The lady at the ticket counter was in a TERRIBLE mood. As we approached, we could see the glare in her eyes. She looked us up and down and immediately declared that our carry-ons were overweight.
She marched around the counter holding a small metal bar in her hand. Curious, we watched as she flipped out a hook and picked up my bag first.
“This is three kilos!” she announced loudly.
We didn’t understand what that meant, nor did we know what a kilo was. Then, to explain, “You are only allowed two kilos!” she bellowed.
I began taking things out of my carry-on. One of our group volunteered some help. “We can put the extra in our backpacks!” Great idea!
The terrible-mood- ticket-counter-lady snapped her head.
“I can tell just by looking that your backpacks are overweight, too.”
I grabbed the new black skirt I had gotten from a consignment store for the trip. (OK, it was Goodwill, but it was made of magical stretchy stuff and was for church.) I handed it to one of the others. We switched items around trying to adjust the weight. Finally, after much metal bar weighing, we were ready to go! Whew and PTL!
We were headed to Africa; this was the second leg of our journey. Our checked bags held important medicines for a medical clinic in a very impoverished part of Nairobi; our backpacks and carry-ons held all our clothes. The trip would take a day and a half, but we all knew it would be worth it.
When we arrived at the International Guest House where we would be staying, I reminded all Kentucky team members that most of them were carrying some of my stuff. As they unpacked their suitcases, some items reappeared but my black skirt was nowhere to be seen.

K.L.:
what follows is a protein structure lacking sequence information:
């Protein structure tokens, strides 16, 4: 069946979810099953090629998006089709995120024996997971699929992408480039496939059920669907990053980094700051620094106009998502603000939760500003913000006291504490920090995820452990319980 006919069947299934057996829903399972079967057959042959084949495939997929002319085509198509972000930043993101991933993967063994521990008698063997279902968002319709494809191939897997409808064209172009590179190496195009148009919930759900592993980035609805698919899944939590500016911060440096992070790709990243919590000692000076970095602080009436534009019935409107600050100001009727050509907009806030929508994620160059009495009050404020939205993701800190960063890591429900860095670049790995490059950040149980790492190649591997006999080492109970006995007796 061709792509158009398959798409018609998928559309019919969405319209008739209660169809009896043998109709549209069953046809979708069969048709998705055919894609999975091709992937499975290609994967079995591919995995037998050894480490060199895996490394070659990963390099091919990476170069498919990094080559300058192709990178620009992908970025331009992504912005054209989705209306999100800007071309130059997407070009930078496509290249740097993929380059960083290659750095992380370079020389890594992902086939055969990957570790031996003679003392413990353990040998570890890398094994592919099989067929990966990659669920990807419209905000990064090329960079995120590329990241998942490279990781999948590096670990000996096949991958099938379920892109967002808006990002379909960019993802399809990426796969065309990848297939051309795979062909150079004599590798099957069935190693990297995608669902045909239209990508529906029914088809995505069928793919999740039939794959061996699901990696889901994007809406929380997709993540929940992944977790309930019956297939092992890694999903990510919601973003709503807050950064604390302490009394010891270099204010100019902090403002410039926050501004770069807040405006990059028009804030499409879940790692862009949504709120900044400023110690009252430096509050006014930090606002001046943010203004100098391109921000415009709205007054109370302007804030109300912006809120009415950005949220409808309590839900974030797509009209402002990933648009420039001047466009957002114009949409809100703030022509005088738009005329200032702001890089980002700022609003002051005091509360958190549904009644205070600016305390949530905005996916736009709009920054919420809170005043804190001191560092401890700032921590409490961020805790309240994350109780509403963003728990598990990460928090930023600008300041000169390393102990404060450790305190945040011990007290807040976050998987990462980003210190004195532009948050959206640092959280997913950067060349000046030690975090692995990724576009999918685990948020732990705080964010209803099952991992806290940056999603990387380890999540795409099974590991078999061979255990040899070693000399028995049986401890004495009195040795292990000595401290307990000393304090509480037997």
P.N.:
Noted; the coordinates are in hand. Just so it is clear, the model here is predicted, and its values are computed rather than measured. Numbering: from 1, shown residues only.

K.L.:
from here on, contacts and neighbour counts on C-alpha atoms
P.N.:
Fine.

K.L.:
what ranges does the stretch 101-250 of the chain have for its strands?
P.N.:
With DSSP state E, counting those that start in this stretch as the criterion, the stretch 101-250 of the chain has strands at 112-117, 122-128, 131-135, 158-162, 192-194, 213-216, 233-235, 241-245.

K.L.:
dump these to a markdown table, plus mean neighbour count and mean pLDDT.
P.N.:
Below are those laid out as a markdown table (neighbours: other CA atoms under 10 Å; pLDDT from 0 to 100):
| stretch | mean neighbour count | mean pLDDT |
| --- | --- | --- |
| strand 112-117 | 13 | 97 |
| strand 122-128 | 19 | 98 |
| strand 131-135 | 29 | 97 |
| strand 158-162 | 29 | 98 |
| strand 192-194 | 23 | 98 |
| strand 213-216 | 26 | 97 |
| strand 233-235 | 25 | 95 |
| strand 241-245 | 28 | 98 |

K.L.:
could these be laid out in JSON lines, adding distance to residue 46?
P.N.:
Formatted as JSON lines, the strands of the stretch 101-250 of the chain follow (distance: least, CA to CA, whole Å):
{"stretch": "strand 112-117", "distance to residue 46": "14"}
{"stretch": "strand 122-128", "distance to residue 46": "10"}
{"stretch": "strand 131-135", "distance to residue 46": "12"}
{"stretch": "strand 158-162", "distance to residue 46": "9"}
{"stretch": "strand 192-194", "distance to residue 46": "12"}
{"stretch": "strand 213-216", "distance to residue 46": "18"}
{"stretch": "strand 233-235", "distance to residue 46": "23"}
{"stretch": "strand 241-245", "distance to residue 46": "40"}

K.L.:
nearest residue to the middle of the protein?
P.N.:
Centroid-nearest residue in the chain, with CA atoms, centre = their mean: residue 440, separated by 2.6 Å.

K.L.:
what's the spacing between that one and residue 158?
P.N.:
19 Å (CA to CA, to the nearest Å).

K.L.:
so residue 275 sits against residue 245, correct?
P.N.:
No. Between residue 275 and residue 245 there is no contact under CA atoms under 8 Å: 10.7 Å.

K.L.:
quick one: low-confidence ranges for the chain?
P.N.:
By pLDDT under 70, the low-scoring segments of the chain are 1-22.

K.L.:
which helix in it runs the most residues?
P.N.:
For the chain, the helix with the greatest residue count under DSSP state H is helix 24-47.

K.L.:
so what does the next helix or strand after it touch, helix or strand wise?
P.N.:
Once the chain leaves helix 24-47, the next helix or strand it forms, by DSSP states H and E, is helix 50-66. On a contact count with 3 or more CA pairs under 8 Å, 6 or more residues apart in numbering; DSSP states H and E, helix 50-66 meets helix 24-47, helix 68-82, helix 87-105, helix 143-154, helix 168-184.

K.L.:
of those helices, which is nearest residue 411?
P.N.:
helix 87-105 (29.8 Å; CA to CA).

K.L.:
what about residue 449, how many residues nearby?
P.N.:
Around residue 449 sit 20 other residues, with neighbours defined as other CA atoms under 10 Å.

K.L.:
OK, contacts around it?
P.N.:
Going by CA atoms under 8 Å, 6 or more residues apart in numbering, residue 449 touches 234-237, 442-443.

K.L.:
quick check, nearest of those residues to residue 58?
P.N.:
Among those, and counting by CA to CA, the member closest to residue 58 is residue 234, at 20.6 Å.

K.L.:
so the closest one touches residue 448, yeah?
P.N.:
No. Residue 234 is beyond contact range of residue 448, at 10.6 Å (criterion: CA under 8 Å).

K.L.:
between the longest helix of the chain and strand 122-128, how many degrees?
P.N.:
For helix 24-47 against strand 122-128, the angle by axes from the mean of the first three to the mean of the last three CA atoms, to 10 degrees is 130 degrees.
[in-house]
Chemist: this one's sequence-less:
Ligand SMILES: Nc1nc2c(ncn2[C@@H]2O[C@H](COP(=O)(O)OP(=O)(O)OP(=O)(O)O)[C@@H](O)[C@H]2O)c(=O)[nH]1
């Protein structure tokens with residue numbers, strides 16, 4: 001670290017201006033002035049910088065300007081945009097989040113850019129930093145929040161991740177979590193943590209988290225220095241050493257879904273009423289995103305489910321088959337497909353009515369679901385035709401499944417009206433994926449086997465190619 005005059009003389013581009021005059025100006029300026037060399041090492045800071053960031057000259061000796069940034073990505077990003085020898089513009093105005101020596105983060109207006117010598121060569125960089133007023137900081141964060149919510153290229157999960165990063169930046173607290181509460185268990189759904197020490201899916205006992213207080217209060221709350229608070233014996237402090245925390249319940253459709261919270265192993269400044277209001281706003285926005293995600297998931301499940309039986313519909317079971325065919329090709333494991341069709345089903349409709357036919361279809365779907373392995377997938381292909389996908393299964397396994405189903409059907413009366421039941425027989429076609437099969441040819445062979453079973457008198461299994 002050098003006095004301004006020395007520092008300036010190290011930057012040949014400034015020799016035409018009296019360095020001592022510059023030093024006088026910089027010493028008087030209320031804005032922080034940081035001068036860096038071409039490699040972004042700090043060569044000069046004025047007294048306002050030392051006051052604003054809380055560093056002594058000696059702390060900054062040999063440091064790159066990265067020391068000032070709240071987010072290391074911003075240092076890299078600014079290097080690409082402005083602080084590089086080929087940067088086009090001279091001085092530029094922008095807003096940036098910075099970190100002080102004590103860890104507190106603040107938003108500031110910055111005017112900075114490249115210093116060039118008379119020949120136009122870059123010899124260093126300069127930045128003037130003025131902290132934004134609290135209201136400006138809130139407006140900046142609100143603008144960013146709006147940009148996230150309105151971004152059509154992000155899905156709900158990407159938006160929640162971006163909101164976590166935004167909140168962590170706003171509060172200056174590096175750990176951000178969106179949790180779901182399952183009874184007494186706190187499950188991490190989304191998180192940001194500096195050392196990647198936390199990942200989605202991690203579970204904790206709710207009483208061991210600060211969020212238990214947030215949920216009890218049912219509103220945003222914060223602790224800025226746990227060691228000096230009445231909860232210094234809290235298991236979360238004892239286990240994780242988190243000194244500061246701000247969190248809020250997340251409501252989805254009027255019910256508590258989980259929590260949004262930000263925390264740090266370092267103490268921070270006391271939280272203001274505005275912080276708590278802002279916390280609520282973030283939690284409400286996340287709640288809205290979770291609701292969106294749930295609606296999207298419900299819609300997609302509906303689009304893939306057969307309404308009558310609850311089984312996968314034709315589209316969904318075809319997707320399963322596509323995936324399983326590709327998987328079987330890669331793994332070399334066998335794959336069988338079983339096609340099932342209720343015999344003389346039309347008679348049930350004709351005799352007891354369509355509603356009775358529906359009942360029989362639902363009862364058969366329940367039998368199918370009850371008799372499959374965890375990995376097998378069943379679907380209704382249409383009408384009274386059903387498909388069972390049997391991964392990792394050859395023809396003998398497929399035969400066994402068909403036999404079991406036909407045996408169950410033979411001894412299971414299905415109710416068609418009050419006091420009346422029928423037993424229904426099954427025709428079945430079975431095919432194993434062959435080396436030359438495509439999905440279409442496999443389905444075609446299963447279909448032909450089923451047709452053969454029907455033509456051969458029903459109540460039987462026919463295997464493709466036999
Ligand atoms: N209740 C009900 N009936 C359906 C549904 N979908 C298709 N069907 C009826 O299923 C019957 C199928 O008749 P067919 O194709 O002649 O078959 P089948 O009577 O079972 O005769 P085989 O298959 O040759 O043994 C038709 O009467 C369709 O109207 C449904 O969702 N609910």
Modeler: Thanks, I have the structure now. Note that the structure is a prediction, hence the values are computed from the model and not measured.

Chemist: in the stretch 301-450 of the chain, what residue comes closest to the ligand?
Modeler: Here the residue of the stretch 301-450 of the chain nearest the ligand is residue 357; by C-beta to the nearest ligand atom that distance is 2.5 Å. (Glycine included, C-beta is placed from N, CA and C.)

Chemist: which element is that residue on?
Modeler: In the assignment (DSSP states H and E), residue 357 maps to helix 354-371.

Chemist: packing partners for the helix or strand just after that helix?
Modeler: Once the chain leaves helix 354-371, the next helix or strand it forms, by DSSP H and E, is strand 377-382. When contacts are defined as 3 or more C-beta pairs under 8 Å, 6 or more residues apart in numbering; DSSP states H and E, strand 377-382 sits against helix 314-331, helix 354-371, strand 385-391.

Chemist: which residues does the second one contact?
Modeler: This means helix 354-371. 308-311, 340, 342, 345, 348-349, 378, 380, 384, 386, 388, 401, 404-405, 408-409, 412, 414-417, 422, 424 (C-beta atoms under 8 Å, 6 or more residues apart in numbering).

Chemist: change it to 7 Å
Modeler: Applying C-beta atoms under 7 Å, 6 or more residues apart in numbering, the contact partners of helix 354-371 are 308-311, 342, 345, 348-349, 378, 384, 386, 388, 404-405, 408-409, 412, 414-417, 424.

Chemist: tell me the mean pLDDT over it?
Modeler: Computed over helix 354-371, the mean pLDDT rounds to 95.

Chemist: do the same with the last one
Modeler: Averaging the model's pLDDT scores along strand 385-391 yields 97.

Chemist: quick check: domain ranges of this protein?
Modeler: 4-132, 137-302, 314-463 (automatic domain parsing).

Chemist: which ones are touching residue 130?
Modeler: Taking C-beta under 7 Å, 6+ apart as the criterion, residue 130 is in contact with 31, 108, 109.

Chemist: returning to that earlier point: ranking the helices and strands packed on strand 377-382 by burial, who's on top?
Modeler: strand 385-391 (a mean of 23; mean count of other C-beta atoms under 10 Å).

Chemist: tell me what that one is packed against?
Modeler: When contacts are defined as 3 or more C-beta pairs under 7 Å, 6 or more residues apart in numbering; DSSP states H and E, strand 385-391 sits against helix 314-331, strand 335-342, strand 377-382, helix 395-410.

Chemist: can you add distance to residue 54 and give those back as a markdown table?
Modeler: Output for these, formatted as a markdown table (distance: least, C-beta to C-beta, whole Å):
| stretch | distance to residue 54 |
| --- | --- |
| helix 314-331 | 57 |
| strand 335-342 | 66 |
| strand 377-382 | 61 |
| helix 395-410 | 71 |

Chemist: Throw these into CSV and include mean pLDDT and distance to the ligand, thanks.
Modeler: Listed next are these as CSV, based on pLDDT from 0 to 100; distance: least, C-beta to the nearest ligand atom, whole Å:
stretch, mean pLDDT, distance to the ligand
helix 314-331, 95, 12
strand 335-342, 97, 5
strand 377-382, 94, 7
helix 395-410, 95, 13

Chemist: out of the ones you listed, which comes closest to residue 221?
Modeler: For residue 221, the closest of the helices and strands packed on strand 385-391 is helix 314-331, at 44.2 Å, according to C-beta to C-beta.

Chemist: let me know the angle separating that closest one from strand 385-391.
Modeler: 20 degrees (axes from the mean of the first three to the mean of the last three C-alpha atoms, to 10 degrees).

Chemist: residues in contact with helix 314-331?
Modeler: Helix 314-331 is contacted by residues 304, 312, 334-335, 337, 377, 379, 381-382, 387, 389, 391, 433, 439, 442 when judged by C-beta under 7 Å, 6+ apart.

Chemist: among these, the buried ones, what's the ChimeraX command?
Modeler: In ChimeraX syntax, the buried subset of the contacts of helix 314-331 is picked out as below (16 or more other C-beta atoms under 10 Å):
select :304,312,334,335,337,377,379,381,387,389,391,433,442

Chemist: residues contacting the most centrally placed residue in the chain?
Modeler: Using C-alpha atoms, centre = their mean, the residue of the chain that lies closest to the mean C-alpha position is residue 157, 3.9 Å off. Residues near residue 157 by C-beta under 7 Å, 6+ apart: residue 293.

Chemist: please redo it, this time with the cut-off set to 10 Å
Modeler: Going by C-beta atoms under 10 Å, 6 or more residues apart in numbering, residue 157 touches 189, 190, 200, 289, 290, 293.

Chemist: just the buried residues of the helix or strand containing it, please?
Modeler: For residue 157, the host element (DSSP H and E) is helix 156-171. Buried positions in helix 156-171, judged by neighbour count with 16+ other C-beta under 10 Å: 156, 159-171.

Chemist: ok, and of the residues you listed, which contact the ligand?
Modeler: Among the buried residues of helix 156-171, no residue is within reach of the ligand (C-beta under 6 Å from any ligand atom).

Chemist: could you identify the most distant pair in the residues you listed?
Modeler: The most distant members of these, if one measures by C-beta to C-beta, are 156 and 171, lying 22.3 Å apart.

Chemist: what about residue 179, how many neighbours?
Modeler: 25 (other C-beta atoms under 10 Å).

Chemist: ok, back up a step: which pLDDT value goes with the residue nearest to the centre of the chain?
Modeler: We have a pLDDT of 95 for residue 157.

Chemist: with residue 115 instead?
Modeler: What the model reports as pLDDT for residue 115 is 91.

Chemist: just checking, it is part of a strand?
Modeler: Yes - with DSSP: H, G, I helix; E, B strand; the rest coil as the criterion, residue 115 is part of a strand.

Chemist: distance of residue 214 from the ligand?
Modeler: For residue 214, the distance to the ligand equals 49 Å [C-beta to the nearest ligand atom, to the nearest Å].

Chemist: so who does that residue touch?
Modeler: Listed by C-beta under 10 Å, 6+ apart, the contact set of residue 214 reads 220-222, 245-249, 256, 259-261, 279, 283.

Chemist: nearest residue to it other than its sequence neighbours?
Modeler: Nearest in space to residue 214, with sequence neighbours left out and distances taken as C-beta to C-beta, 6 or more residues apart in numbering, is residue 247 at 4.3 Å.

I had an idea who had it. Each day it was a different one. I tried to remember exactly how everything had gone down in front of the terrible-mood-ticket-lady. I made jokes about who was going to turn up in it, but the skirt remained elusive.
During the annual medical clinic, it is common for government officials to come and “monitor” what is going on. Sure enough, they appeared on the second day and one of them had on a BLACK SKIRT!!! It was not MY black skirt, but I made jokes to the others that she was the one who had swiped it.
Each day, in a wonderfully sweet voice, I mentioned to my teammates that I thought they should give their cases a really good look for MY BLACK SKIRT - for the love. Someone had stuck it in the front zippered part of their carry-on. I could remember it perfectly. They all shook their heads. They were sure they didn’t have it.
On the last evening, I began packing my bag for the trip home. I couldn’t believe my skirt still had not been found! It was a GOOD skirt too! Though I don’t often wear one, it’s the PERFECT one to wear on a mission trip to church. My poor friends had just overlooked it in their stuff. I prayed, “Lord, you KNOW who has my skirt. Would you please help them find it and help them to have the courage to fess up to it?” Bless their hearts.
Within five stinking minutes, I found my fabulous skirt in the FRONT ZIPPERED PART OF MY CARRY-ON…just like I remembered. Except I didn’t remember it being in MY BAG!
I wanted to just keep it a secret. No one really needed to know. We could just mark that up as a funny thing that happened on the mission trip. The End. But my heart wouldn’t let me! As soon as I could get the Kentucky team together, I told them, “I need to apologize.” And they knew…before I said another word. Dadgum it!
Are you quick to blame others for things you do? Matthew 7:3 reminds me, “Why do you look at the speck in your brother’s/sister’s eye but don’t notice the stretchy black skirt that is in your own suitcase?!” Wait! That’s not really how it goes, it says: “Why do you look at the speck in your brother’s/sister’s eye but don’t notice the log in your own eye?”.
I learned many things in Kenya. One of them was: Don’t be quick to point fingers!
Dawn Reed is a newspaper columnist and pastor's wife in Prestonsburg. Reach her at firstname.lastname@example.org.